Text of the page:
Do you know the 7 times when you should and shouldn’t be aggressive?
Whether your team has speed or not, make sure you know when you should and shouldn’t be aggressive.
Many of us think that aggressiveness comes down to how much speed your team has, or whether you’re waving runners around third, but it goes much deeper than that.
There are times for all teams when aggressiveness can be your friend or your enemy. Another way to think about aggressiveness is to think of it as risk. Many factors will determine whether it’s worth the risk to make a strategic move like advancing a runner or trying a lower percentage offensive play.
In general, the strategic factors of risk revolve around the following:
- Their Pitcher
- The Umpire
- The Weather
- The Inning
- The Score
- The Importance of the Game
Let’s look a little closer at the times when you should and shouldn’t be aggressive:
- Whenever your team is playing a dominant pitcher your chances of getting back-to-back hits will be low, so you’ve got to take chances and be aggressive on the bases, as well as defensively being aggressive and trying to get outs you might otherwise not try.
- If it’s a huge game, then be brave enough to take some huge risks. Think about the recent Super Bowl and how both teams tried trick plays by using their quarterbacks as receivers. It’s hard to get much bigger than the Super Bowl.
- A big zone by the umpire means your hitters will have lots of strikes called against them so getting easy bases like walks will be tough. Be aggressive on the bases to move runners whenever you get the chance.
- The wetter it is the harder it is to throw the ball accurately, so be aggressive on offense and force the defense to do that. A lot.
- Anytime you’re facing a really good pitcher and get a runner in scoring position (RISP), you’ll have to take a risk to score her since the pitcher’s talent is better than your hitters, so the chances of hitting her in will be slim.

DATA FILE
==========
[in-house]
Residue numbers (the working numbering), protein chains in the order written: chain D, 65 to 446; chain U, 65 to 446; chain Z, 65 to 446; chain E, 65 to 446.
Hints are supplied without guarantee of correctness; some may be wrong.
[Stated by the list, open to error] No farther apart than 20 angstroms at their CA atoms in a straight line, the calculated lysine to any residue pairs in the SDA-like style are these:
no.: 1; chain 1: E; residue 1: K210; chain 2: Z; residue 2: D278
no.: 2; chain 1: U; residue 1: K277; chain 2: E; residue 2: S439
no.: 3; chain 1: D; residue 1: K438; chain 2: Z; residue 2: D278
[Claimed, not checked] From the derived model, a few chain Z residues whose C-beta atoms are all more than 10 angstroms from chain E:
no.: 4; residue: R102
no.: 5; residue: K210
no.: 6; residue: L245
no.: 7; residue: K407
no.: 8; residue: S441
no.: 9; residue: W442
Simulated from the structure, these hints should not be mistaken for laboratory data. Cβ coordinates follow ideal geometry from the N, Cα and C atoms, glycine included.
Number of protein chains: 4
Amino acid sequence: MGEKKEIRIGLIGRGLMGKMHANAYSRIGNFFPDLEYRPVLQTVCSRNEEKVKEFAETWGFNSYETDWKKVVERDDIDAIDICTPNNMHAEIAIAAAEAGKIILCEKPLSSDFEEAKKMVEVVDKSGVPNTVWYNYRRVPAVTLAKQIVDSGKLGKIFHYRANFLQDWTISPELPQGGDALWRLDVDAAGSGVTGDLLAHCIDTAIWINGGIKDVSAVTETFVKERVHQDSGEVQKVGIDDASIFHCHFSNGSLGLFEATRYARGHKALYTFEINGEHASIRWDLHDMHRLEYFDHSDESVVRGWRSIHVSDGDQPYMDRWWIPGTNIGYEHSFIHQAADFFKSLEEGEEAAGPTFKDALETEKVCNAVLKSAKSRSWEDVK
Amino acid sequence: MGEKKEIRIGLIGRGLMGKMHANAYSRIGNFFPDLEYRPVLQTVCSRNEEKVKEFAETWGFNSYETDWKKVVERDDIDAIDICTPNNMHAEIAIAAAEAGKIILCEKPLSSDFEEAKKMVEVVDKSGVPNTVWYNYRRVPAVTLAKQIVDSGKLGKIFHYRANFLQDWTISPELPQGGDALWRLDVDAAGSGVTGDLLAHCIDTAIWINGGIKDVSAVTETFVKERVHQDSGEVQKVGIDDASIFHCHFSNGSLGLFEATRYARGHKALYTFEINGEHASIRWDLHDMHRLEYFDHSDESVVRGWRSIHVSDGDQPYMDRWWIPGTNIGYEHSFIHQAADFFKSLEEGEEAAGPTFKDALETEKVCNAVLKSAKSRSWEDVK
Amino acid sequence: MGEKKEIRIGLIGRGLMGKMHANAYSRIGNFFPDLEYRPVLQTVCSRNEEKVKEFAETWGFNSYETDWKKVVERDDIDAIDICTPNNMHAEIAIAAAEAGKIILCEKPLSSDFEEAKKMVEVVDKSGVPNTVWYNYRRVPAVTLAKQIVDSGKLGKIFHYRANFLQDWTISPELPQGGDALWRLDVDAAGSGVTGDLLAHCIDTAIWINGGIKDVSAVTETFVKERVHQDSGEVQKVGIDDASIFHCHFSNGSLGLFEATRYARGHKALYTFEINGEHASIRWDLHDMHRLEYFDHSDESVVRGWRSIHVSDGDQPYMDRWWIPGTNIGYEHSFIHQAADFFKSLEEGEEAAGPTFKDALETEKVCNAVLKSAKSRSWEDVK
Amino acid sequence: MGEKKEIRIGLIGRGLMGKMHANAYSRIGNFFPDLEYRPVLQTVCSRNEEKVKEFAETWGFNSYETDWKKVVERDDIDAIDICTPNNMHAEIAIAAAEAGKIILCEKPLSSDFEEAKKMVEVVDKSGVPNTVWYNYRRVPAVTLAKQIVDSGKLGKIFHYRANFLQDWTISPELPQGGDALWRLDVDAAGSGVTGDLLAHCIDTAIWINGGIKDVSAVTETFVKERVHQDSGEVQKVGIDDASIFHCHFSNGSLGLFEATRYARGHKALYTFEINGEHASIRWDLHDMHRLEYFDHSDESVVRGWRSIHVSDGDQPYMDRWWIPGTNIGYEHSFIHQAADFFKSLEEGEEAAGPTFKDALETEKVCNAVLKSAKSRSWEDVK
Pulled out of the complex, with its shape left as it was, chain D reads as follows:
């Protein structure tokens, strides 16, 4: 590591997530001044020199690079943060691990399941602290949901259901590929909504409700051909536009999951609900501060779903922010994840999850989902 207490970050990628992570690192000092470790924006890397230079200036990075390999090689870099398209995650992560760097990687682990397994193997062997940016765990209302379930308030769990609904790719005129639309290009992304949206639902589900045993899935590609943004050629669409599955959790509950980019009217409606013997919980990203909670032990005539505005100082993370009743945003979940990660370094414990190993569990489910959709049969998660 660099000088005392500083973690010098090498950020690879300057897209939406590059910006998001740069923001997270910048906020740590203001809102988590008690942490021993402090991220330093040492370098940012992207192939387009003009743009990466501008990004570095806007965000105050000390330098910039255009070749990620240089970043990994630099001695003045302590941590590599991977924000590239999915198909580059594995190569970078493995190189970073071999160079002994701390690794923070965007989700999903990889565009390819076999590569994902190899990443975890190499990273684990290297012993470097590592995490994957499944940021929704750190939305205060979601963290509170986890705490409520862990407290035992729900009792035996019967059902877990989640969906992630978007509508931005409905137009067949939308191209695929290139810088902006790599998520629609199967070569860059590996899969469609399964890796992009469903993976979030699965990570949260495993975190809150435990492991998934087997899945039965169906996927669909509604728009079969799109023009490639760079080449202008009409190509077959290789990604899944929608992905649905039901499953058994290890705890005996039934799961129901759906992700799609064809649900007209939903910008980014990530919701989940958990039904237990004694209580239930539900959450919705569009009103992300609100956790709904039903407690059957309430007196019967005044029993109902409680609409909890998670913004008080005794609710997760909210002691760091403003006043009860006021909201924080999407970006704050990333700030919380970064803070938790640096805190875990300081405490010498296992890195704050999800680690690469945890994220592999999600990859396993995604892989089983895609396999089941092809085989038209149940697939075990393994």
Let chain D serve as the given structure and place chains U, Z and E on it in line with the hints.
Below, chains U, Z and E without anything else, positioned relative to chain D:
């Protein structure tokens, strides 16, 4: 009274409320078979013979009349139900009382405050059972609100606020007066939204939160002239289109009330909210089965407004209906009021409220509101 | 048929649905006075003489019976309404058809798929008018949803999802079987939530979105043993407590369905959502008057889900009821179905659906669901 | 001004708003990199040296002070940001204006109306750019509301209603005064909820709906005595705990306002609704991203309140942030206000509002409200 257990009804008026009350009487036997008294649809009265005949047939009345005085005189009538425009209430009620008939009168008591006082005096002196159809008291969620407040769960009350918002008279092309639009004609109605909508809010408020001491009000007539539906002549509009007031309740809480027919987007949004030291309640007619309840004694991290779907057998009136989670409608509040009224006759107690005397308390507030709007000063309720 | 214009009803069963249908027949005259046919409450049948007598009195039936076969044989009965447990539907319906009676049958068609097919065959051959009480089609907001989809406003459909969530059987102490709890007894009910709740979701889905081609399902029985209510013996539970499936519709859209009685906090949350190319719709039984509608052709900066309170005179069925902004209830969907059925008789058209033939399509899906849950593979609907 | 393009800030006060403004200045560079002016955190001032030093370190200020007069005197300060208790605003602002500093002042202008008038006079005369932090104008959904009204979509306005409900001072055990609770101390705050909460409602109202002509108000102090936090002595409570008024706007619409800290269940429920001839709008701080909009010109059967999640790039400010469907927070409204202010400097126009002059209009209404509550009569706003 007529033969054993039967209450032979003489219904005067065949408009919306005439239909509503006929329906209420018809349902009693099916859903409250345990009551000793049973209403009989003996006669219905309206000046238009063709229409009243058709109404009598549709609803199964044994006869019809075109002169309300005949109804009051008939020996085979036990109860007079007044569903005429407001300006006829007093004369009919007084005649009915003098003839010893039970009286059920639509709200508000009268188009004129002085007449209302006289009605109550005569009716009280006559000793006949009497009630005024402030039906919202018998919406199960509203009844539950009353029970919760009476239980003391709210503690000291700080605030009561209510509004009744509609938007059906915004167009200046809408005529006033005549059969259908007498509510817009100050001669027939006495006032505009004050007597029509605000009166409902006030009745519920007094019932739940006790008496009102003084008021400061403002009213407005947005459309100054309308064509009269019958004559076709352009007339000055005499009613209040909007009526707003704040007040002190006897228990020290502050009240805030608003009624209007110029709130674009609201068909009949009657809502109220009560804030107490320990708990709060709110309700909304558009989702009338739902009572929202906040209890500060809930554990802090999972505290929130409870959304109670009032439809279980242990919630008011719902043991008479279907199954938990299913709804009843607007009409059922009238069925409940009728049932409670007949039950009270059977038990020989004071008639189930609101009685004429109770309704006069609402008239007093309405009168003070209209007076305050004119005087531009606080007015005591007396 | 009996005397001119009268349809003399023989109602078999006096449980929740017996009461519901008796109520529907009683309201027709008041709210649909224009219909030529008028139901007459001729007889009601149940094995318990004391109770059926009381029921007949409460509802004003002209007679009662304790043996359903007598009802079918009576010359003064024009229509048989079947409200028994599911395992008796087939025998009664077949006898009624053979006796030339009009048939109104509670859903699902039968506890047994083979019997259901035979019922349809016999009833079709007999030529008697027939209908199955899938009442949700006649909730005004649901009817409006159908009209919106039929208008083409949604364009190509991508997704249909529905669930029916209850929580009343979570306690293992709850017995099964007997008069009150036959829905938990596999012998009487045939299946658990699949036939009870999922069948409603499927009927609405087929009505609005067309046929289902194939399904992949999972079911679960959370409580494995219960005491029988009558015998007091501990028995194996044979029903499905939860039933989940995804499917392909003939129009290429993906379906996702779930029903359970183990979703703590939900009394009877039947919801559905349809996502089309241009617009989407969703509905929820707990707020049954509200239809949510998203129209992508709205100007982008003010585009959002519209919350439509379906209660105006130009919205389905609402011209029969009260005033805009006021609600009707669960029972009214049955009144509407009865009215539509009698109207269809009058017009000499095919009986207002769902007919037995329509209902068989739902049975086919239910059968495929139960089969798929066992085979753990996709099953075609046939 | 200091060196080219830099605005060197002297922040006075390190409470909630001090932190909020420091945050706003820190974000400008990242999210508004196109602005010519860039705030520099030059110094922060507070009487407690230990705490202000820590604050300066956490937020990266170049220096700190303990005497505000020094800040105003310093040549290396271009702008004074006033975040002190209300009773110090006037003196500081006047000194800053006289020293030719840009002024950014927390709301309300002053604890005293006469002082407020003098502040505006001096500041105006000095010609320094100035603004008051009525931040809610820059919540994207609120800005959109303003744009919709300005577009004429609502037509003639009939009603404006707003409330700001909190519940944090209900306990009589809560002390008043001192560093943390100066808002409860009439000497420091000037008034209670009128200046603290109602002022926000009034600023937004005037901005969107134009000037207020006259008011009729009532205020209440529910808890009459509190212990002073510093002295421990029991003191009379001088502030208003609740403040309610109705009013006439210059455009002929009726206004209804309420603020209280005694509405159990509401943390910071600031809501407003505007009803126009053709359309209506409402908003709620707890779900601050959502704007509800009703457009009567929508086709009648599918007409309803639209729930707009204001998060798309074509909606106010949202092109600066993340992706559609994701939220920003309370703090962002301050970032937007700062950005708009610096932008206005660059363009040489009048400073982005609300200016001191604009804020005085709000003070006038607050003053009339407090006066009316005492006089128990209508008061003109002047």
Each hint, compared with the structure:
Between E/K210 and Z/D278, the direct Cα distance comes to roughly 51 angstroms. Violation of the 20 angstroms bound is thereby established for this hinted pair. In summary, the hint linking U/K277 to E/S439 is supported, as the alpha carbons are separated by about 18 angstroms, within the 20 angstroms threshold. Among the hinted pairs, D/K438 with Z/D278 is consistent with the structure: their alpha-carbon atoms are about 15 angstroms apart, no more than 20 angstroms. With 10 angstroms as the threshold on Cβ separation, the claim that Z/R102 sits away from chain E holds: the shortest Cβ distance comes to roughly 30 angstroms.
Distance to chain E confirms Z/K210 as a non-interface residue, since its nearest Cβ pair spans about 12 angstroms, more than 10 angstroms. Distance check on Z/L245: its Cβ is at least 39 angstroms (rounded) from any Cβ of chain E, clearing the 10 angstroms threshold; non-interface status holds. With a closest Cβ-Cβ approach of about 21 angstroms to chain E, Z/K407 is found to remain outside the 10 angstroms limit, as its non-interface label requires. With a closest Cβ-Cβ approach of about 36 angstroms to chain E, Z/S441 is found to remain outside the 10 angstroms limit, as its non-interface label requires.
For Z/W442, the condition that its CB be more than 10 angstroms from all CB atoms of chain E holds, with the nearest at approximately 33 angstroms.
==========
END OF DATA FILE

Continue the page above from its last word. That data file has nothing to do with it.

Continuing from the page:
- Basically, whether your team is fast or powerful, when you’re behind late in the game time is running out so you’ve got to take chances.
Don’t Be Aggressive:
- If their pitcher is very hittable by your team, then taking risk isn’t something you’ll need to do since you can hit your way to runs.
- If their pitcher is wild (can often be determined by her having as many strikeouts as walks), then she’ll likely put runners on base via walks, so avoid risk – especially any type of hit and run play requires a hittable pitch.
- If their pitcher is iffy, it’s pretty much like my previous point but by crowding the plate your hitters will put even more pressure on their pitcher (and likely result in hit batters and baserunners)
- A small strike zone means the pitchers will have to throw more hittable strikes, so your hitters don’t need to be aggressive with their approach outside the zone.
- When time is running out in a game and you’re behind by 1, you’ll need to get your lead-off batter on, so avoid any kind of risky offensive play (like swinging) and work the pitcher for a walk.
- If your team has power and it’s early in the game – hit. You don’t need to run into outs by taking risks.
- And finally, with a runner in scoring position (RISP), if you’re facing a hittable pitcher, hit.
Risk is more likely to result in an out, so the less of it you need to take the more likely you are to keep your outs and pile up baserunners which puts you in position to score multiple runs. Which puts you in a better position to win the game.
For more help with your Strategy decisions, check out the following:
- Offensive Strategy – Details for Scoring Runs (eClinic)
- Essential Bunt Defenses (eClinic)
- Defenses to Shut Down Slappers and Tie-Breakers (eClinic)
- Defending 1st & 3rds, Pickoffs and Steals (eClinic)